On Sunday worship

Under the Old Covenant, Saturday was the day for worship. But all Christians (except Seventh Day Adventists) worship on Sunday. There is not a lot of support for a change in the day of worship in Sacred Scripture, yet the day was changed. Here are the passages I found in the New Testament describing certain activities happening “on the first day” or “the Lord’s day” (Sunday): Mark 16:2, Mark 16:9, Luke 24:1, John 20:1, John 20:19, Acts 20:7, 1 Cor. 16:2, Rev. 1:10.

The Old Testament also shows another meaningful day: “the eighth day.” Eight days after a male child was born, he would be circumcised (Gen. 17:12). Similarly, eight days after the sabbath is the first day, Sunday. Look at a calendar, put your finger on any Saturday, then count forward each day. When you count up to eight you will be on the first day of the following week, which will be a Sunday.

christus_ravenna_mosaic
Christus Ravenna mosaic, c. 550. Doesn’t directly apply to what I’m saying here… I just thought it was pretty. 🙂

The Scripture is clear about the requirement to worship on the sabbath. Yet the Scripture references above don’t add up to a clear argument for changing the day of worship and rest. Relying on Sacred Scripture alone to make that argument doesn’t seem very persuasive to me. If you read each of the New Testament verses above, you will see that they are all descriptive; none are imperative. Here is an example of an imperative statement:

“You shall love the Lord your God…”

This can be found in Matt. 22:37, Mark 12:30, and Luke 10:27. It is easy for us to understand him regarding what we are supposed to do, but he does not then change when we are to do it. There is no explicit command in Sacred Scripture to change the day of rest and worship from Saturday to Sunday.

The New Covenant ushered in a new way to worship. It follows then that it ushered in a new day to worship. The Catechism of the Catholic Church (CCC) has a lot to say about this but these two references make the point:

1166 By a tradition handed down from the apostles which took its origin from the very day of Christ’s Resurrection, the Church celebrates the Paschal mystery every seventh day, which day is appropriately called the Lord’s Day or Sunday. The day of Christ’s Resurrection is both the first day of the week, the memorial of the first day of creation, and the “eighth day,” on which Christ after his “rest” on the great Sabbath inaugurates the “day that the Lord has made,” the “day that knows no evening.”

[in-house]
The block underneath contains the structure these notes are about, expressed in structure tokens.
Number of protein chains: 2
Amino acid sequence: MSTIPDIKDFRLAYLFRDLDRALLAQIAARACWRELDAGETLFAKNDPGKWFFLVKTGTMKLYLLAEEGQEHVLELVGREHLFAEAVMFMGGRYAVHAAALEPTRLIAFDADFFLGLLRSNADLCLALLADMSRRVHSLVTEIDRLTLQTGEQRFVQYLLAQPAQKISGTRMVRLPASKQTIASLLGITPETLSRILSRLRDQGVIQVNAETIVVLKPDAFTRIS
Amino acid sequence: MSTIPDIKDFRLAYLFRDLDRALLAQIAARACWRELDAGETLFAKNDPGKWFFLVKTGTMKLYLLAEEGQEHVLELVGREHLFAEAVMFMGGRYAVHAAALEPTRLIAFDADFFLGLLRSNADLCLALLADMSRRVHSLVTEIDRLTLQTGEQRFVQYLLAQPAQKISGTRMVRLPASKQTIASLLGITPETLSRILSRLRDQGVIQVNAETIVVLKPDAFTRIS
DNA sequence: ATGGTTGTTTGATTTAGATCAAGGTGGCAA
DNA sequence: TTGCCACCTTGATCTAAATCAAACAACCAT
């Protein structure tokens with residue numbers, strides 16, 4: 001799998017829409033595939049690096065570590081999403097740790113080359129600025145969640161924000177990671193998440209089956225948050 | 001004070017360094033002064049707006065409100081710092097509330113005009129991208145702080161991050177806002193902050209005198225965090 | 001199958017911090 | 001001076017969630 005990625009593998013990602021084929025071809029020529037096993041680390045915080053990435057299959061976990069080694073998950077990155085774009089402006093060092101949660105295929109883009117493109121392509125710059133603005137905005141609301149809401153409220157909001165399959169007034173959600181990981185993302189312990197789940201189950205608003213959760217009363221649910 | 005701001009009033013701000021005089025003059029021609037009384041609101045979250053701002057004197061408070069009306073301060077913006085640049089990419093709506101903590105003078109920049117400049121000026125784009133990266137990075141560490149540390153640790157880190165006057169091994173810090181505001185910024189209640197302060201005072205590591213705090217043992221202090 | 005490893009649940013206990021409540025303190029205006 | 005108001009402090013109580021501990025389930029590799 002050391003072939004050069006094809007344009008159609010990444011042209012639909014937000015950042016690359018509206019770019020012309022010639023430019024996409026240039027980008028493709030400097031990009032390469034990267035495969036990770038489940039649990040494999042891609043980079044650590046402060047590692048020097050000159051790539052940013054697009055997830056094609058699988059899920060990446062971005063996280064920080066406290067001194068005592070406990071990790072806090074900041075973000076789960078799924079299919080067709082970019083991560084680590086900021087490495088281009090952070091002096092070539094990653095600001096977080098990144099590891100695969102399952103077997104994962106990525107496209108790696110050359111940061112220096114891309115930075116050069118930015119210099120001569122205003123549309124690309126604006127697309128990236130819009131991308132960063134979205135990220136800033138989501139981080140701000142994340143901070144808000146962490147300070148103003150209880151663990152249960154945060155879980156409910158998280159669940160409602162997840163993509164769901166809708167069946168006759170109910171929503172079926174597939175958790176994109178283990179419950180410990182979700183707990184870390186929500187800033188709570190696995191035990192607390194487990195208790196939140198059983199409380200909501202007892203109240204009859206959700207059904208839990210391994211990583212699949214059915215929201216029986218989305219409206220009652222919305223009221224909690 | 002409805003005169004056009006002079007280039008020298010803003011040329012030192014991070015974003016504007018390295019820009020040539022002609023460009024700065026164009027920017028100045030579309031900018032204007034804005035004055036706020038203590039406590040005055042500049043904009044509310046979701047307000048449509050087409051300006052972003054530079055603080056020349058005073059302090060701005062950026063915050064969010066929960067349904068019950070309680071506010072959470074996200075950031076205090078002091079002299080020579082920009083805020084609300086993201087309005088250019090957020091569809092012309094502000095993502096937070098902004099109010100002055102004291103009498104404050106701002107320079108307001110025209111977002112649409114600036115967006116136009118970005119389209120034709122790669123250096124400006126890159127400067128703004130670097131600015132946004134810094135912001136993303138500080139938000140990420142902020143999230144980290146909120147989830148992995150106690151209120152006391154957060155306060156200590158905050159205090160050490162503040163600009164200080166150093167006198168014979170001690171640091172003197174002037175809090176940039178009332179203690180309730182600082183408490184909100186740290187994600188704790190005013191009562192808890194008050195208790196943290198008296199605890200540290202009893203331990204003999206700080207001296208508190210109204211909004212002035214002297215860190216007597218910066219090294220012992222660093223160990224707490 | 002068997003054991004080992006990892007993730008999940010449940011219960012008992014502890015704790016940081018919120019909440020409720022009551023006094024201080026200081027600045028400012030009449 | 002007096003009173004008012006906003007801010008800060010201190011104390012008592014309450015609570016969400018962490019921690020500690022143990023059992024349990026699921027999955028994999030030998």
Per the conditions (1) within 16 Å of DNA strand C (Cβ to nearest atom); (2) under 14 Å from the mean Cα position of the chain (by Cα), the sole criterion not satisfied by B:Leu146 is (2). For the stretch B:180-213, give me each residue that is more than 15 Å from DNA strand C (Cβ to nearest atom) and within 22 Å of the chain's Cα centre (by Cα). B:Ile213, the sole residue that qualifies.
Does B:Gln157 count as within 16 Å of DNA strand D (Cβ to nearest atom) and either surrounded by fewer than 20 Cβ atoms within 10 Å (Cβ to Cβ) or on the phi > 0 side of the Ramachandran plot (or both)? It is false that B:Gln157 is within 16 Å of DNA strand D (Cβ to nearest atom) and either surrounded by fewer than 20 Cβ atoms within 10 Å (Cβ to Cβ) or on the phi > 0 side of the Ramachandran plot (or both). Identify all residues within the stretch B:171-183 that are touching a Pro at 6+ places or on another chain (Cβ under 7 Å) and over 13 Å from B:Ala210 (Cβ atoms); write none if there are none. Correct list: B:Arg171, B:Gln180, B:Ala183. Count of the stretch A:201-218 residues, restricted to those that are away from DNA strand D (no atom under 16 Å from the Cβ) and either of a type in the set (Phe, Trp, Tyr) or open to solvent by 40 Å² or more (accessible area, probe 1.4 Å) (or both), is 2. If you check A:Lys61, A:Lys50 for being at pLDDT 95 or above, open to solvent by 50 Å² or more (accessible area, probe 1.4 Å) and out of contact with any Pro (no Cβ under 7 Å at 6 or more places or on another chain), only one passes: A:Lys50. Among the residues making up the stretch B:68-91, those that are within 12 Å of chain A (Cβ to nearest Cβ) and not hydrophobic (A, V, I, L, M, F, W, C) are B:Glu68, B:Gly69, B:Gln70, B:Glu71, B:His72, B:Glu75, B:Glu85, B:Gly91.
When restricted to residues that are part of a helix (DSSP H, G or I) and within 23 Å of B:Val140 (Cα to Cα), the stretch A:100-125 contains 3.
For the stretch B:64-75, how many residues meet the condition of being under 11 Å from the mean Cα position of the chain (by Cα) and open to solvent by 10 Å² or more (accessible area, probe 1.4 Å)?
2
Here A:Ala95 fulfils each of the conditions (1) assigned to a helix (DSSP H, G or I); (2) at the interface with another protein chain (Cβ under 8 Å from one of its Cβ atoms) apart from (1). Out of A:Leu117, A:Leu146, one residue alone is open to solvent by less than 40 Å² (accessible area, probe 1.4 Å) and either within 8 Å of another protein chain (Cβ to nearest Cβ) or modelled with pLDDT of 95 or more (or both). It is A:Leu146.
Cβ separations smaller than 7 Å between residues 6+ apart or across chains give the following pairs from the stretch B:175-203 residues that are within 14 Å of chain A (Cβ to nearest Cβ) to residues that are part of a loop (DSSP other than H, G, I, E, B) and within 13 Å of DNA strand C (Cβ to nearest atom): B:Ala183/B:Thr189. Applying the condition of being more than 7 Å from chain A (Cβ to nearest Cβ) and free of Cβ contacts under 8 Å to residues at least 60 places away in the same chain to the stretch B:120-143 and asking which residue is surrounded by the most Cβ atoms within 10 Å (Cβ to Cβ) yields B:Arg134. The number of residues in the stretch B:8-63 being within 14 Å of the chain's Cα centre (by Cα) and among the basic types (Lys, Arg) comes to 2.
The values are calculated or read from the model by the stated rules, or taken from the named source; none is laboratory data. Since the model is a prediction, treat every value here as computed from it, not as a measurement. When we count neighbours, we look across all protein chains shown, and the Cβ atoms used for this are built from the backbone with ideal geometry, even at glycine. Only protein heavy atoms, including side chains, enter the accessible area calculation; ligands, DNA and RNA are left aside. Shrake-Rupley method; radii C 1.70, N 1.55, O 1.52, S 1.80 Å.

2174 Jesus rose from the dead “on the first day of the week.” Because it is the “first day,” the day of Christ’s Resurrection recalls the first creation. Because it is the “eighth day” following the sabbath it symbolizes the new creation ushered in by Christ’s Resurrection.

Sunday as the day of worship proclaims the most important aspect of the New Covenant, Christ’s resurrection.

See also: Tradition precedes Scripture.

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Author: everybodysdaughter

I'm an adult child of divorce, having been raised in multiple divorce/remarriage situations. I'm writing in order to shed light on the problems of divorce from the perspective of the child. I will also discuss problems with other non-triad family structures, since there is a lot of overlap. People often think that better parenting skills will overcome problems in non-triad arrangements. While I agree that parenting skills are important, they cannot overcome the problems I discuss such as fractured ontology and perpetual liminality. I converted to the Catholic faith in 2012, and will discuss Catholic things from time to time as well.

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